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    Man gets 30 days in jail for drone crash that knocked woman unconscious

    Man gets 30 days in jail for drone crash that knocked woman unconscious


    The punishment may be a first in the US

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    DJI Phantom Vision 2 Drone Broken

    The owner of an aerial photography business was sentenced to 30 days in jail and a $500 fine after a drone he was operating crashed into people during a 2015 parade and knocked one woman unconscious. Paul Skinner, 38, was found guilty of reckless endangerment by Judge Willie Gregory of the Seattle Municipal Court. Gregory acknowledged that the collision was accidental, not intentional, but felt a punishment was in order, as Skinner had “engaged in conduct that put people in danger of being injured.”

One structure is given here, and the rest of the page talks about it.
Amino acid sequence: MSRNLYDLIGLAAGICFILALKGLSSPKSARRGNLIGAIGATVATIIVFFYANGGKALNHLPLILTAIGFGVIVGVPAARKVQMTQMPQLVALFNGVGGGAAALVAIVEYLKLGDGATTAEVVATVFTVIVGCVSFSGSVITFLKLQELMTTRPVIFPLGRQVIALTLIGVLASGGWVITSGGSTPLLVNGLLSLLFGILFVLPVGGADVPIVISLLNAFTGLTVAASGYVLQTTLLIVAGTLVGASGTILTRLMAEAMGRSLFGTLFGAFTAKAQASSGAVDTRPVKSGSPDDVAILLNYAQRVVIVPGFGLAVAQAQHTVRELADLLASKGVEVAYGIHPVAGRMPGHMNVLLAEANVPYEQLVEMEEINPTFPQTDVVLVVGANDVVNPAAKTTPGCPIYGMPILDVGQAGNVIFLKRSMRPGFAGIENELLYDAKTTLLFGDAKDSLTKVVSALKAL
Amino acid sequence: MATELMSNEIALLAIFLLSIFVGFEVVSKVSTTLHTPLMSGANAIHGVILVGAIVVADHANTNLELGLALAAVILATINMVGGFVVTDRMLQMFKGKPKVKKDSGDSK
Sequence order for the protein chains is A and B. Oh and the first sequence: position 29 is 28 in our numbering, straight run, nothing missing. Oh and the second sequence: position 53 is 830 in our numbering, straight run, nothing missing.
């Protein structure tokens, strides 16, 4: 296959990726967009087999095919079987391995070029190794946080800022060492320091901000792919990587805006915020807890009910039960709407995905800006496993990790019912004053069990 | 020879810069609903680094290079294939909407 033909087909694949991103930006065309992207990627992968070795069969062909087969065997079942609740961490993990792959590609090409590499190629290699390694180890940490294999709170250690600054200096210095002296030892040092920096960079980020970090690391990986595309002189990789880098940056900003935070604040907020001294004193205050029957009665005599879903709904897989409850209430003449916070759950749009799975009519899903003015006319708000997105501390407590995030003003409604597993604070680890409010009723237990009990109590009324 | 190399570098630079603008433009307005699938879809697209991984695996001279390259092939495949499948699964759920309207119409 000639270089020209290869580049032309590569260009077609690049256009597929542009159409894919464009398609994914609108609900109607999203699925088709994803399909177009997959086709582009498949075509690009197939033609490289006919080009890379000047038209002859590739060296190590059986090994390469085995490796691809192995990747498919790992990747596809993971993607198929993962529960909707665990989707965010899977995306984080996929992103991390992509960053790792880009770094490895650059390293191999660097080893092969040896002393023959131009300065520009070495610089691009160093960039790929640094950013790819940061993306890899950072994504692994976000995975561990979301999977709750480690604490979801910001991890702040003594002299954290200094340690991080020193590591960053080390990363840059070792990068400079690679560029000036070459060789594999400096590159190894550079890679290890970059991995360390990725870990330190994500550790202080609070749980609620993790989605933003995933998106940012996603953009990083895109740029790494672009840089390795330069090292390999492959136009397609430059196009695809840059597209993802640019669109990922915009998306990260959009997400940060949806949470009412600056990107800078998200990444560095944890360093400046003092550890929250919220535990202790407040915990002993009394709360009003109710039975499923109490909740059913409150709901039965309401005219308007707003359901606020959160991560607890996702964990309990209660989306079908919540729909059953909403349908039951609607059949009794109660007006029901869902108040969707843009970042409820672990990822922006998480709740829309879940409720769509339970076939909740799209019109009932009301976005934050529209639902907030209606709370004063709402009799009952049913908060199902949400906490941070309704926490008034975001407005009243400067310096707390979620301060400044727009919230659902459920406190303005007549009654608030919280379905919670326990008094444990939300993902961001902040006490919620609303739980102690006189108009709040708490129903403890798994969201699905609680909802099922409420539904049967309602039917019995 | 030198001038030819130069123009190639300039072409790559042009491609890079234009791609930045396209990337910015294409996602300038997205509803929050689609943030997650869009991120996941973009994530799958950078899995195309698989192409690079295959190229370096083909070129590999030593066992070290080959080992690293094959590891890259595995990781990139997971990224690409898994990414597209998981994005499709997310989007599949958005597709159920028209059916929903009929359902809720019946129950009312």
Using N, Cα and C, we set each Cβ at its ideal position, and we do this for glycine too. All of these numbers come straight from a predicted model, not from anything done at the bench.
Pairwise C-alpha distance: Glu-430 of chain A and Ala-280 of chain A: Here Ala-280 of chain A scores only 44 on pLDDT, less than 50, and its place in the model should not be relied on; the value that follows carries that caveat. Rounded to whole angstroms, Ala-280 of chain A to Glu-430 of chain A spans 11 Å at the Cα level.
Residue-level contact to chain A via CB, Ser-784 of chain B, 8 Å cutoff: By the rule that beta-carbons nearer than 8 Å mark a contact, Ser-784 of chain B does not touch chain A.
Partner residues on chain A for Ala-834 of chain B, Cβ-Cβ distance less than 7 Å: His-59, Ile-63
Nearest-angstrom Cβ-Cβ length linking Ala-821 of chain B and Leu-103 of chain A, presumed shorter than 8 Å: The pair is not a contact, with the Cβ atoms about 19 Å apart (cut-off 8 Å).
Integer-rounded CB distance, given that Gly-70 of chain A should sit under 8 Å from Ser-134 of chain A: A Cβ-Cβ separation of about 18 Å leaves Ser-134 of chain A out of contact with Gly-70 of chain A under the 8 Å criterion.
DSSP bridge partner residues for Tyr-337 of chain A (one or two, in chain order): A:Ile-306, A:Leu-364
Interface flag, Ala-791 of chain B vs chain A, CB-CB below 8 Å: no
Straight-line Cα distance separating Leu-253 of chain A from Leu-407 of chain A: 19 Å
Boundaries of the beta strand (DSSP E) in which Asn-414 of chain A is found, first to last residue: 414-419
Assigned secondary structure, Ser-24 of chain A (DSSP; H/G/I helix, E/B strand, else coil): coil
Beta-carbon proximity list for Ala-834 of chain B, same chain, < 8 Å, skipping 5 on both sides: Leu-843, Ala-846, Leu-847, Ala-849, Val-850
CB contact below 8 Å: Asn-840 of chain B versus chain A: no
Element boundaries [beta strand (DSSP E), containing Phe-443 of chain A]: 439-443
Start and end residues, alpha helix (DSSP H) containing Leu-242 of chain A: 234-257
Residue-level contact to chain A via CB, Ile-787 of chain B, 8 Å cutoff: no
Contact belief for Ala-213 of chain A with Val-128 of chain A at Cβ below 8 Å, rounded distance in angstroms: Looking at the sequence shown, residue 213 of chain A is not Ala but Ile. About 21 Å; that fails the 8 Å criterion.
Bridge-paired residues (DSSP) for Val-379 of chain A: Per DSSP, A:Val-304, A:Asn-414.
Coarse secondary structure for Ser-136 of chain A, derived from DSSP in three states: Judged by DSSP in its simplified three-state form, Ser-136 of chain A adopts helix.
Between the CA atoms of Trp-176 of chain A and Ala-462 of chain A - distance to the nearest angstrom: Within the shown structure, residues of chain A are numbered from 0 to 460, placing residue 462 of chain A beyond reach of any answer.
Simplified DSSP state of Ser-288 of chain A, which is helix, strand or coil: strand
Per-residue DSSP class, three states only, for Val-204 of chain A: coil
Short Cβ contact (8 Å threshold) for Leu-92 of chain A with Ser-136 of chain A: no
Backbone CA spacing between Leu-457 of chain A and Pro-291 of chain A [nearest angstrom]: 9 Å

While there have been a number of arrests and fines related to drone crashes in the US over the last few years, this may be the first time the punishment for a pilot included jail time. Arthur Holland Michael, co-director of the Center for the Study of the Drone said he had never heard of anyone receiving jail time before. Tom McMahon, vice president of Advocacy and Public Affairs at the Association for Unmanned Vehicle Systems International, was also unable to recall any precedent.

    Part of the reason for this is that there are few laws on the book directly governing drone flight. That is changing rapidly. Lawmakers in Washington, where Skinner was sentenced, are looking into drafting new regulations specifically aimed at drones. Most drone industry trade groups are opposed to these measures, arguing that local laws would create a mess by overlapping and contradicting rules already put in place by the Federal Aviation Administration.

    Legislation like the bill being considered in Washington “have the potential to create a complicated patchwork of laws that will erode, rather than enhance, aviation safety,” wrote Brian P. Wynne, President of the AUVSI, in a letter quoted by The News Tribune. “If enacted, the bill would create inconsistencies with federal law, stifle innovation, and jeopardize current and future jobs in the growing unmanned systems sector in the state.”